Josh Stearns, Common Dreams |
The Federal Communications Commission is pushing a plan to gut its 30-year-old newspaper/broadcast cross-ownership ban. This proposal would allow one company to own a local paper, two TV stations and up to eight radio stations in a single market. Advocates of more media consolidation argue that allowing TV stations and newspapers to merge is critical to cutting costs and saving local journalism.
This is the same argument the Bush FCC used to try to push through the same bad rules in 2007. Back then, the Senate voted the rules down and the courts later threw them out. It’s time to put this argument to bed for good: More media consolidation won’t save journalism.
Banks have toxic assets. Journalism has media consolidation.
When we think about the state of journalism today, let’s not forget that media consolidation is largely what got us into this mess in the first place. Newspapers and TV stations have long been hugely profitable enterprises – and many still are.
Rick Edmonds at Poynter recently highlighted the fact that 2012 was a good year for newspaper stocks. Indeed, the top publicly traded newspaper companies remain quite profitable. In 2011, the McClatchy Company enjoyed 27 percent profit margins, Lee Enterprises had 24 percent profit margins and the Gannett Company’s profits were at 22 percent.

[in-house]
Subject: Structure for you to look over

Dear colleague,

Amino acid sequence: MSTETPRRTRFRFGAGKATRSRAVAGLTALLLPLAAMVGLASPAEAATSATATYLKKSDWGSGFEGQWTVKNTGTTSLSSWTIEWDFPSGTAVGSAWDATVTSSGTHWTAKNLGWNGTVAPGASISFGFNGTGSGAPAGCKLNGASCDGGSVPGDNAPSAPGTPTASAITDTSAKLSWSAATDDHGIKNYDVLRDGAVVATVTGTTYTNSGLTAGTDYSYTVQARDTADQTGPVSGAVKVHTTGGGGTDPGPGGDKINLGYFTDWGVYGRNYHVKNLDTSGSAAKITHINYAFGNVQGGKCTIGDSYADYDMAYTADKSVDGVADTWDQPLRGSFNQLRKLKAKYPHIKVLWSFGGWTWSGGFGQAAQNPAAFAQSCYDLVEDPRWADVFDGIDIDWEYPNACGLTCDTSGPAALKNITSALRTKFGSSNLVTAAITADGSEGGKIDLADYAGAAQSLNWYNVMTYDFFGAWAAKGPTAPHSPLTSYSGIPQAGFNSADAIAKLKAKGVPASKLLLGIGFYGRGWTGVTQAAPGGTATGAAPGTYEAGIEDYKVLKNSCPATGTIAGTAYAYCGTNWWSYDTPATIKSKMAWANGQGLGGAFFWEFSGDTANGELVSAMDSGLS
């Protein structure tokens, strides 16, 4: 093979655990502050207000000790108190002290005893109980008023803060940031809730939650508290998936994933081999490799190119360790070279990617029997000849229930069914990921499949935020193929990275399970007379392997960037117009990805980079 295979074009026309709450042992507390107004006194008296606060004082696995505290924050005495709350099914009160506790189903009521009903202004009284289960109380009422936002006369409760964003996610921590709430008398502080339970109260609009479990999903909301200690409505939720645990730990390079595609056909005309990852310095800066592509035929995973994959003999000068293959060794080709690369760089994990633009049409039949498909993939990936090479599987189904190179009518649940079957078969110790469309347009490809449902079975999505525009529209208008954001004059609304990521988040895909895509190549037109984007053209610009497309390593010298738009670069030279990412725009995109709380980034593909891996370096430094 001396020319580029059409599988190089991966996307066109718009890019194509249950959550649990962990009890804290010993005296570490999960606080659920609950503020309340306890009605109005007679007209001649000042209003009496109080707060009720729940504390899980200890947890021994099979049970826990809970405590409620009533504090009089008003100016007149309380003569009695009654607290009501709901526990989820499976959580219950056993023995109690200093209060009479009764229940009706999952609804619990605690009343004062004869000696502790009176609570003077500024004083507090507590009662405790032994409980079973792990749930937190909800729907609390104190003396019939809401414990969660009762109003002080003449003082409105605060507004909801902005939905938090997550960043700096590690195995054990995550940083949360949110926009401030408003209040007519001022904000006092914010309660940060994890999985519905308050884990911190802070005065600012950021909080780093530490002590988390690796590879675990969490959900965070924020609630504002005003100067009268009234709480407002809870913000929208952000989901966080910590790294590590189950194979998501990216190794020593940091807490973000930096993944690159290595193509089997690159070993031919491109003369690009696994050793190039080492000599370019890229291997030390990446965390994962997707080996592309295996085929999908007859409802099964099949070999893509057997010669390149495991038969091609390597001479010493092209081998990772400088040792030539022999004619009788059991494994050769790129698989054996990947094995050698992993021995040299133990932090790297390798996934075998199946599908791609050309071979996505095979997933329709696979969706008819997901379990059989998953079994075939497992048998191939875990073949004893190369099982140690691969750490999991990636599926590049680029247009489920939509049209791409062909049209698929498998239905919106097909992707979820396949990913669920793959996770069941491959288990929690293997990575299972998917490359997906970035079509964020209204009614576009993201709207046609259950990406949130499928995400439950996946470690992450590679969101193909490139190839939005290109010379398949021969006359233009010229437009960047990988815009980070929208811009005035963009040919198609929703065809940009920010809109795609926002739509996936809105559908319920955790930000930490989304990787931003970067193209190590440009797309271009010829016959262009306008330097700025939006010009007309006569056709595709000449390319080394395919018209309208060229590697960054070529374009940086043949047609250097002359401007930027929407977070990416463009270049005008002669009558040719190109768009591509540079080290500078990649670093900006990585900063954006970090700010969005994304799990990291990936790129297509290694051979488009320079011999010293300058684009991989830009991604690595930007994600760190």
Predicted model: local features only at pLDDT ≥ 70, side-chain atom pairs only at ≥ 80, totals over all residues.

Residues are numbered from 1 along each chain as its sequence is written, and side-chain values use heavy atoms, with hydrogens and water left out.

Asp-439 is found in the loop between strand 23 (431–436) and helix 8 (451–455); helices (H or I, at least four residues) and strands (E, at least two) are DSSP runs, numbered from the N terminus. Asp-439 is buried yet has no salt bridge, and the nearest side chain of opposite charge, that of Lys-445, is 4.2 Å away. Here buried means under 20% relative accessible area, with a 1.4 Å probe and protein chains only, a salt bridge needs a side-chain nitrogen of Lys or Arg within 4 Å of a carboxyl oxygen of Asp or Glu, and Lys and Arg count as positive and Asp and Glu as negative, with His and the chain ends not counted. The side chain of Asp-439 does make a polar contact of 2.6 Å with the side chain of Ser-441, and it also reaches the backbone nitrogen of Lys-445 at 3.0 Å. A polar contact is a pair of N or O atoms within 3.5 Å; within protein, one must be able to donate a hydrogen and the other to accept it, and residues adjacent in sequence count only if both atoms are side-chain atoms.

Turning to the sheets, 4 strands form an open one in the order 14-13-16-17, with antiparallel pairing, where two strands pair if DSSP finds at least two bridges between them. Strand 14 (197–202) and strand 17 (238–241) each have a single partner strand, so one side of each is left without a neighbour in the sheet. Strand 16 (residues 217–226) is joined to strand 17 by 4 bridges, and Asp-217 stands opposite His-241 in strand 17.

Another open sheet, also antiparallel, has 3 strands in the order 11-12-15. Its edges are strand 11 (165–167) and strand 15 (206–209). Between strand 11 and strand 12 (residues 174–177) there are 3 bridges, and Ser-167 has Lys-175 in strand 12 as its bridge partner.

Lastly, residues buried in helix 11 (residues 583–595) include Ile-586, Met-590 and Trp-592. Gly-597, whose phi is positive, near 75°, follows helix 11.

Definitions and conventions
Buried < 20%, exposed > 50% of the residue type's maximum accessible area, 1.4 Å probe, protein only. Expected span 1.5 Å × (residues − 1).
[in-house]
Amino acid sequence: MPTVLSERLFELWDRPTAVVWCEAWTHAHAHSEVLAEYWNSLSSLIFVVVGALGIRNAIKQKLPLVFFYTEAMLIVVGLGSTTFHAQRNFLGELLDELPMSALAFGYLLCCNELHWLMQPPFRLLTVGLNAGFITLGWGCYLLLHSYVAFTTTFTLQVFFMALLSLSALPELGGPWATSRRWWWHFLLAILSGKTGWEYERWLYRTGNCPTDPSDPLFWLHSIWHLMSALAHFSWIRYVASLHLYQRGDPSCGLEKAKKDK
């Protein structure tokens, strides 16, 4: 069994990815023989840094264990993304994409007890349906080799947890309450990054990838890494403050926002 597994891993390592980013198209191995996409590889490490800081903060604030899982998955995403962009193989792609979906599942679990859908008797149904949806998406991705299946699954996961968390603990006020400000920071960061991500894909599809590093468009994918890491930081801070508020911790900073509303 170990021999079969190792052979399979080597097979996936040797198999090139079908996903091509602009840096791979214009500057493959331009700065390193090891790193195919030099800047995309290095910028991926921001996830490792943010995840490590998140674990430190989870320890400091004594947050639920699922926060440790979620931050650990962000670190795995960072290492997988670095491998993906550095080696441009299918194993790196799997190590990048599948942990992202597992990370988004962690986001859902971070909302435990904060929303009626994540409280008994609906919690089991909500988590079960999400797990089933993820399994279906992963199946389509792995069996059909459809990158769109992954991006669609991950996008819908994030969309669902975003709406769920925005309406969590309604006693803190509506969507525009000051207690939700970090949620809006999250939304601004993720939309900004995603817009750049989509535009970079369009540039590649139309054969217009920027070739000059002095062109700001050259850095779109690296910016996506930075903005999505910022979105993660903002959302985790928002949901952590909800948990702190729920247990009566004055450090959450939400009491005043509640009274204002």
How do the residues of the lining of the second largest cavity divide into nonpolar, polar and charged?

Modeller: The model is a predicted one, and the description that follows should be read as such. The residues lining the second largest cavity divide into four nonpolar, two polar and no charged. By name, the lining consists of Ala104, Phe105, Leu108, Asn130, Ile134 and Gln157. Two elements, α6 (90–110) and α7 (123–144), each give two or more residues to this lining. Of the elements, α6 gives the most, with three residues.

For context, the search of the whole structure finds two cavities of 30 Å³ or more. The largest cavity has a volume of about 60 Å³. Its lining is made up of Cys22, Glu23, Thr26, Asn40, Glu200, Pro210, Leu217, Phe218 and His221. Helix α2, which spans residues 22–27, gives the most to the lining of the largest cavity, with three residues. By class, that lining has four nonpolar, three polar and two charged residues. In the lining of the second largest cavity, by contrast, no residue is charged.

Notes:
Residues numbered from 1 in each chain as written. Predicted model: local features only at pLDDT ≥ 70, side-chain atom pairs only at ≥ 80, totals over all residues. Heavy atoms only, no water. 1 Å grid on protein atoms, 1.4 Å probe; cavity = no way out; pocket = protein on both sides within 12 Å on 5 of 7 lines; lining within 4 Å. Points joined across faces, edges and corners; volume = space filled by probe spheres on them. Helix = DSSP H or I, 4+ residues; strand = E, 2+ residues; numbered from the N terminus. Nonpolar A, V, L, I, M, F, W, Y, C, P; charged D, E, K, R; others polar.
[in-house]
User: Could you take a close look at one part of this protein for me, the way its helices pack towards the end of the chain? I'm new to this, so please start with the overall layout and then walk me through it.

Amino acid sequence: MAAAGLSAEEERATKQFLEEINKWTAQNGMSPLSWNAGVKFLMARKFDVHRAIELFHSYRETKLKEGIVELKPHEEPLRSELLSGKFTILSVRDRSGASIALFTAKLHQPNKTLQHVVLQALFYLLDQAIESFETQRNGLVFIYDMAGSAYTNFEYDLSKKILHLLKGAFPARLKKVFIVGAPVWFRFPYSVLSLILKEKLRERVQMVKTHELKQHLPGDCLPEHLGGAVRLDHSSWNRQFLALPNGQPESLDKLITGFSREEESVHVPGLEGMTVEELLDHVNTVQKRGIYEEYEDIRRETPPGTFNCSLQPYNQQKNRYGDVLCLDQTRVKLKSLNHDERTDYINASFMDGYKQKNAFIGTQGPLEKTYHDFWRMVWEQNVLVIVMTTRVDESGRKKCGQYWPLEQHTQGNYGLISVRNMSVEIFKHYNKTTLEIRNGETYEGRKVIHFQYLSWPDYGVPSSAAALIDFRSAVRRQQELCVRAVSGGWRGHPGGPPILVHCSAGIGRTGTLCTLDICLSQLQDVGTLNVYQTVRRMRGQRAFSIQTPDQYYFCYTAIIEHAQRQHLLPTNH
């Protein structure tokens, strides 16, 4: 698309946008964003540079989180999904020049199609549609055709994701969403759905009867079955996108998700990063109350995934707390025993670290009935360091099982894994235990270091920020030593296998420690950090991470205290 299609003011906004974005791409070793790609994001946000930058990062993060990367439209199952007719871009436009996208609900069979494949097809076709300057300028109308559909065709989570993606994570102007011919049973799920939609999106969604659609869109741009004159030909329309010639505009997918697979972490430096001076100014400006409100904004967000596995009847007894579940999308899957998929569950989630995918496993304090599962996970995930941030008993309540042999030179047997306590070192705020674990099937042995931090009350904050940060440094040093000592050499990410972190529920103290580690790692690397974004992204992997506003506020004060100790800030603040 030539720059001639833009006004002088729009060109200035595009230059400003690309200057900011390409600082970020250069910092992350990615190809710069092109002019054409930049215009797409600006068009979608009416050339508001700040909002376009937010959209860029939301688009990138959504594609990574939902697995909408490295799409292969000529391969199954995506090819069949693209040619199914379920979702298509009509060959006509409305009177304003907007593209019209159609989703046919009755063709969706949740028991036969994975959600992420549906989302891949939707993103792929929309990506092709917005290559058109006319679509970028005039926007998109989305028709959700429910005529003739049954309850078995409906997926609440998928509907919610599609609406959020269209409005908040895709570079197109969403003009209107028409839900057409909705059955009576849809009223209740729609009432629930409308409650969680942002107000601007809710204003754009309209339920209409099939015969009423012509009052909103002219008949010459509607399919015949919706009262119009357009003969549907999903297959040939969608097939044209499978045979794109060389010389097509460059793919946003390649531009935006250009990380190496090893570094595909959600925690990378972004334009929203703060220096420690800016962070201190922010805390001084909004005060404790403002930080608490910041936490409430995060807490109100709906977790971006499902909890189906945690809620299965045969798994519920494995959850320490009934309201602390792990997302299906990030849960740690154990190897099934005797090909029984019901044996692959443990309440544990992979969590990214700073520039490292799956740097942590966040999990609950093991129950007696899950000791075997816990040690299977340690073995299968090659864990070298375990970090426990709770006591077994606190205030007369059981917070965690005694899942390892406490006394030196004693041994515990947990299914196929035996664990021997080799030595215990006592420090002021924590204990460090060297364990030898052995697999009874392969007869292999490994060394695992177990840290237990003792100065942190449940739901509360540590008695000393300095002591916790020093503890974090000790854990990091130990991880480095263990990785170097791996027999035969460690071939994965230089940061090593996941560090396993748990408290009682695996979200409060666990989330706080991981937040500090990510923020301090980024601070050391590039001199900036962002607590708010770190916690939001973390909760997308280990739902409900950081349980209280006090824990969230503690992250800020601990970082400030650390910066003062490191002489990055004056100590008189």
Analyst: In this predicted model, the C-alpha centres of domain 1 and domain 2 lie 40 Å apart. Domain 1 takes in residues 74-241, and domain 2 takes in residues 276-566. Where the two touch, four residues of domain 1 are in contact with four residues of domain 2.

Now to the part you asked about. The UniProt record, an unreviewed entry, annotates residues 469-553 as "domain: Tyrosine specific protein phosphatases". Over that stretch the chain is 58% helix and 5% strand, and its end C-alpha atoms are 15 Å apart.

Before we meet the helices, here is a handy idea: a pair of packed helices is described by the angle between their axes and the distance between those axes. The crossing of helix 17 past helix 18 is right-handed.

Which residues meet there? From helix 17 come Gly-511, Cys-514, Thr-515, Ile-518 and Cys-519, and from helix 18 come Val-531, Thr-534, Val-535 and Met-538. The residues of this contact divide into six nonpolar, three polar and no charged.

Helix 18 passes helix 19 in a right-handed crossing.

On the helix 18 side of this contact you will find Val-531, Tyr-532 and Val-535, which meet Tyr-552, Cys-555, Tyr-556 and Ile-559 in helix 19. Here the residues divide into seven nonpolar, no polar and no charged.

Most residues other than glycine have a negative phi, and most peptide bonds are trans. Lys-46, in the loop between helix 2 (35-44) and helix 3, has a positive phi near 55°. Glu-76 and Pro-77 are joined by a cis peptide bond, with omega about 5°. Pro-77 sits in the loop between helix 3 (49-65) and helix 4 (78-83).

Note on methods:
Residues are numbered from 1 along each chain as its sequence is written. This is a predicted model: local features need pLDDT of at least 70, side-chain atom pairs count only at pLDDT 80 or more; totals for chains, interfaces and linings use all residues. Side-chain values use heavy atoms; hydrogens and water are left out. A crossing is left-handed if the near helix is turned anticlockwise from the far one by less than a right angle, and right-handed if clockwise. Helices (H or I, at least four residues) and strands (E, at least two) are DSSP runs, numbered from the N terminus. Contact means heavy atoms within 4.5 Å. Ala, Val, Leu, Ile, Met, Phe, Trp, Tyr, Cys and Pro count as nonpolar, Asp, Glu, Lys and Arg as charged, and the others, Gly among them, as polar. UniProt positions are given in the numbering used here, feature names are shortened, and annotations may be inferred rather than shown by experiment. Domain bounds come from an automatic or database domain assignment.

This sounds good, but not that long ago many media companies reported 30 or 40 percent profits. But instead of investing in their product during those flush times – hiring more journalists, diving head-first into the Web – most companies went on a buying spree. The biggest news organizations in the country got over-leveraged with debt as they gobbled up competitors.